Ever thought to yourself, “I’ve worked hard today, I deserve that piece of a cake?” Maybe you thought that the cake was a reward for a good day at work and would boost your mood. Whatever the case, if the slice of cake you ate would have sufficed to feed 4 people you may be overindulging and not really practicing self-care.
Most of us don’t do enough self-care, and when we do, we tend to go overboard. Finding balance in life can be difficult, especially in this material society where most of us work full time. Stress, sedentary lifestyle, and unhealthy habits all contribute to a growing need for self-care.
However, self-care may be as foreign as most other languages and all that is known is that there is an entire section dedicated to it at the bookstore. Despite this, many continue to struggle with self-care and finding that delicate balance between over-doing it and healing oneself.
What is Self-Care?
There are different types of self-care. Medical self-care pertains to your health and often requires health insurance. There are some great online resources for medical self-care information. Staying active, getting regular check-ups with your doctor and avoiding things like nicotine are all a part of medical self-care. Though never fun, preventative tests, procedures, and regular check-ups are all necessary if you are going to live a long, happy, healthy life.
Mental health self-care is another animal altogether, though there may be some cross-over with the medical realm. Coping with stress is a difficult and life-long endeavor, which even the experts at the CDC may have trouble with from time to time. Areas of trouble in mental health may call for medication such as antidepressants.
More often, however, mental health self-care means taking a day off from work once a month to recover and take care of what you need. Day in and day out, things are demanded of us and unless we take the time for ourselves, we run the risk of breaking.
One day out of the month take time to catch up on errands and get a massage, pedicure, or whatever you need. You are taking care of you.
Allowing yourself time to recover from stress and giving yourself a break every now and then is what self-care is all about.
Self-Care Obstacles and Needs
The job, the significant other, the friends who just won’t take no for an answer – these are all common reasons why we don’t take the time to take care of ourselves. Maybe you are prone to watching too much TV and staying sedentary. Whatever the case, these kinds of obstacles block you from living your best life and can absolutely be remedied.
Many people work all week and scramble to catch up on errands and with friends on the weekend. By Monday morning they often feel just as tired as they were on Friday with the whole week ahead of them. This may feel like a situation with no way out, however, you can find ways to balance your life.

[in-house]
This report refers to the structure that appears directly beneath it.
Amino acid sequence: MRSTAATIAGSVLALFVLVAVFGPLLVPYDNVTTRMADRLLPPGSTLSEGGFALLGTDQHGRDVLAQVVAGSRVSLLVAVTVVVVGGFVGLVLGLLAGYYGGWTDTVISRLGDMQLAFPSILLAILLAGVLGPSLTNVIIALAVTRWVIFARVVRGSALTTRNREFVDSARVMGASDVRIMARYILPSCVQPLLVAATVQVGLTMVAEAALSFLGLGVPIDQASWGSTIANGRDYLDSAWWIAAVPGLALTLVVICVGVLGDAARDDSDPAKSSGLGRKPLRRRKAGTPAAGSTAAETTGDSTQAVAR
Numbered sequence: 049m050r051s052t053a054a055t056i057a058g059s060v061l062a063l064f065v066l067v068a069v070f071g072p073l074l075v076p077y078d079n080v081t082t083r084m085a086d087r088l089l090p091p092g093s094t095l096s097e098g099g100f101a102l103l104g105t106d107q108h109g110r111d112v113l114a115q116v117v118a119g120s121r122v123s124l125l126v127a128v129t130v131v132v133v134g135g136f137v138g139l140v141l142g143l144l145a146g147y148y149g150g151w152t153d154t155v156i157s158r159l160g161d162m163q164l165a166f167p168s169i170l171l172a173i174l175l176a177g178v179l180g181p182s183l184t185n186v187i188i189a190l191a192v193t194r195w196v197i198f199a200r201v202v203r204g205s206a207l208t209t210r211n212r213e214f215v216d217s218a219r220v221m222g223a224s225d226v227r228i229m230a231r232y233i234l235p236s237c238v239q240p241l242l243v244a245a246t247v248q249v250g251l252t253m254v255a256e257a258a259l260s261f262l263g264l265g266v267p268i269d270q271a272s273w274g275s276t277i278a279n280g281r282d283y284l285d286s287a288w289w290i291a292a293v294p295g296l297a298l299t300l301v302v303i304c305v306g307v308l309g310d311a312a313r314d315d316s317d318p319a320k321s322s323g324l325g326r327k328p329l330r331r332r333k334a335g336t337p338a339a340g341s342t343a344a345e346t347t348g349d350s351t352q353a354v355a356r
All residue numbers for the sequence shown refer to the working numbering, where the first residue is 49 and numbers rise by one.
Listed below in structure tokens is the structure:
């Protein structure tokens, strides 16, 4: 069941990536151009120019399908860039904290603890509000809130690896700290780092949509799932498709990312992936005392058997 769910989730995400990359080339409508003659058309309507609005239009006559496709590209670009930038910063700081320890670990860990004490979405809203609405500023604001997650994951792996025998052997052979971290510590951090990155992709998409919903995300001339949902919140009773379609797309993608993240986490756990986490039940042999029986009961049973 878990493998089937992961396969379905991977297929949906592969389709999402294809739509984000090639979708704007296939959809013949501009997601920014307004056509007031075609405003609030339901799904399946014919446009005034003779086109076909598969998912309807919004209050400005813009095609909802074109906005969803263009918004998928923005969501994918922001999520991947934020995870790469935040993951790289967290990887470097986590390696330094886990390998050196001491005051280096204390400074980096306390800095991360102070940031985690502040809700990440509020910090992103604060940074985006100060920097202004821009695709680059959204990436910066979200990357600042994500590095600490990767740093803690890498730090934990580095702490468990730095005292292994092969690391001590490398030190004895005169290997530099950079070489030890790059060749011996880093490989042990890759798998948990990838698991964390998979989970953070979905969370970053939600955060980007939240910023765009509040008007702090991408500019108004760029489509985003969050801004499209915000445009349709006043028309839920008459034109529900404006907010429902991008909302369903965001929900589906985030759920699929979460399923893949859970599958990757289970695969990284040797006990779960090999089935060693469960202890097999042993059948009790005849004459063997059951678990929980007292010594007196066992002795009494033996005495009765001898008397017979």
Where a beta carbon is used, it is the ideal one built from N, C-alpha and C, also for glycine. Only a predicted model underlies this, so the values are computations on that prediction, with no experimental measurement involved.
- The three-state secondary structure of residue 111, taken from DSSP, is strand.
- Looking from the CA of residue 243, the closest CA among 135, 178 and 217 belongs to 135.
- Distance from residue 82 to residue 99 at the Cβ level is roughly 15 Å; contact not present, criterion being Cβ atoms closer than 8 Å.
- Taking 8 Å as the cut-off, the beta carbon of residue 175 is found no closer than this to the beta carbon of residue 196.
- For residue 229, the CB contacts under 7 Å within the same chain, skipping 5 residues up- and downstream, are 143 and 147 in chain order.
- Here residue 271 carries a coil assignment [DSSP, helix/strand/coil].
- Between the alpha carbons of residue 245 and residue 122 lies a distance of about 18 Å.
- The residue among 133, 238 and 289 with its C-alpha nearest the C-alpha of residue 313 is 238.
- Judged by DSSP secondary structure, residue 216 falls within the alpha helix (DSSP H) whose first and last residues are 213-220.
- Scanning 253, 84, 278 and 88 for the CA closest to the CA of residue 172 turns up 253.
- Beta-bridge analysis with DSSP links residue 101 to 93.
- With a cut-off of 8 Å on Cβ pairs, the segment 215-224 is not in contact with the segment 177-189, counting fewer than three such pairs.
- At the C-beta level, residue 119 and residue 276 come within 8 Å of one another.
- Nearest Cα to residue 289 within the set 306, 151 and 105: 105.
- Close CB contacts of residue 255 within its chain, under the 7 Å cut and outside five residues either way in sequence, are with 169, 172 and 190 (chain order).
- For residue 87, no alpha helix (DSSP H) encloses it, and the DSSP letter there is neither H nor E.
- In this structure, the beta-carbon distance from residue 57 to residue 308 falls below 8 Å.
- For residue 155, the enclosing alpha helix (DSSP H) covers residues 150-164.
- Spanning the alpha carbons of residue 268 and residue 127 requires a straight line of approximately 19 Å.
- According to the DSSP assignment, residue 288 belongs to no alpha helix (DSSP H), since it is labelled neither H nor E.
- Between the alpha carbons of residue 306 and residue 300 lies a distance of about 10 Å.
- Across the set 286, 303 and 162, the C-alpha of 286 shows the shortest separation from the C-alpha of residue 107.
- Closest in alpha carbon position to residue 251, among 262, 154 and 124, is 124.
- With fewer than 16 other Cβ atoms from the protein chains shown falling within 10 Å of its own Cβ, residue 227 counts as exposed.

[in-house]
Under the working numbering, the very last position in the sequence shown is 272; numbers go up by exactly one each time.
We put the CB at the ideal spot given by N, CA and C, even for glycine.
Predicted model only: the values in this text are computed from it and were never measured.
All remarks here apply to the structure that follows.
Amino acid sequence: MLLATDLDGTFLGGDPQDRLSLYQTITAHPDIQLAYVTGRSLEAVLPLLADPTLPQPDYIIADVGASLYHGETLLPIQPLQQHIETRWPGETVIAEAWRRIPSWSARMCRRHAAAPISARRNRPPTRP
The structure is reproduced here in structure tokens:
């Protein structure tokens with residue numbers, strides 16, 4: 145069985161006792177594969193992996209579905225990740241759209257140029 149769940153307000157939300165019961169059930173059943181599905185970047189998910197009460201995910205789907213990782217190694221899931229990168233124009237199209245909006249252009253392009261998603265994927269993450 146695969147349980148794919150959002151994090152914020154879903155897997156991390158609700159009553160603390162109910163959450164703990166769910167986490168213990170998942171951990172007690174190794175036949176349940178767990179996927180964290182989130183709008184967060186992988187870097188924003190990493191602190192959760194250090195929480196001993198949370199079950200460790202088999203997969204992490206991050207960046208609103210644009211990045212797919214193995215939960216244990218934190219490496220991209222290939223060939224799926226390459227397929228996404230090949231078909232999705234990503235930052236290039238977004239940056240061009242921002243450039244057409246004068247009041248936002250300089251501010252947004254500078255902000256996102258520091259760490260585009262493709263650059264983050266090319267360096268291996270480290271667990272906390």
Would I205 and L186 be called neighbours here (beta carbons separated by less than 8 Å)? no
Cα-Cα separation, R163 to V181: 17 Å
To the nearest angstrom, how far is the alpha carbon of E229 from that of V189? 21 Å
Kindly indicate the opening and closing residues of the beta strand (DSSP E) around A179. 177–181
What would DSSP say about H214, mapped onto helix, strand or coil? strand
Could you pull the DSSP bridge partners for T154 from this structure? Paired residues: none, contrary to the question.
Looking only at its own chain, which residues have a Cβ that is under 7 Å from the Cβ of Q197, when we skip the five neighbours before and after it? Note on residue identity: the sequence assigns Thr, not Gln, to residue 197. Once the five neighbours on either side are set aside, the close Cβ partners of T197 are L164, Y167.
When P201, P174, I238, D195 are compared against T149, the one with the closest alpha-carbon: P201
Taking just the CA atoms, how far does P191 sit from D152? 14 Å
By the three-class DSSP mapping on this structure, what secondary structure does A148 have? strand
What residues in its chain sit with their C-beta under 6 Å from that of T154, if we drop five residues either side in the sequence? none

Get enough sleep and schedule time with friends on your lunch breaks so that you get that quality time with loved ones. Sleep and connecting with those who matter to us is critical for living a fulfilling existence. We are more than just workers slaving away for a paycheck.
Take a good look at what you eat – are you eating a balanced, nutritious diet full of veggies and unprocessed foods? If your idea of meals centers around a fast-food drive through the answer is no. Our bodies are amazing machines that require the right kind of fuel to function properly. If you need more information on eating better, go to nutrition.gov for more on eating right.
Overindulgence vs. Self-Care
Is eating a piece of cake overindulging? It depends. Are you in a healthy weight range and decently active? If yes, then go for it. However, if every day after work you decide to eat a large piece of cake for a job well done, you are on the side of overindulgence. The same situation is true if you decide to go shopping instead of eating cake to reward yourself.
Too much of any good thing becomes something else that does not positively affect our health or lives. Phrases like work hard, play hard are so ingrained in our minds that we may not really be aware of what we need. Far too many of us also feel ashamed or guilty if we say “no” to our employers or friends when something is asked of us. As a consequence, we often put self-care at the bottom of the list or remove it altogether.
In an attempt to compensate for lack of self-care we then overindulge. For instance, some of us chose to work ourselves to the bone and then eat an unhealthy meal, this cycle only further taxes our already fatigued body.
Overspending is another common attempt at compensating. Instead of reading a good book after a nice bath, we overstimulate ourselves and create financial stress by turning our anxiety towards the shopping mall and stressing our limited resources.
Eating and shopping are certainly not the only areas commonly over or underutilized. Exercise is another big one, as are prescription pills, drinking, and watching Netflix.
The healthy middle looks differently for everyone. Everyone has that friend whose energy seems limitless no matter how much they take on. Don’t try to be someone you are not. Assess your own strengths and weaknesses and find where you need to focus your self-care time and energy.
Maybe you need a spa day with a friend or just and nice relaxing bath. If you have not exercised in living memory, maybe you could go on a hike with a friend or join a local exercise studio. Finding friends and support when exercising has been proven to improve the all-around experience.
Whatever you need in life, take it. Don’t apologize and don’t stress or feel guilty for taking care of you. You are important and deserve to live a healthy, fulfilling life. Get started living your best life today.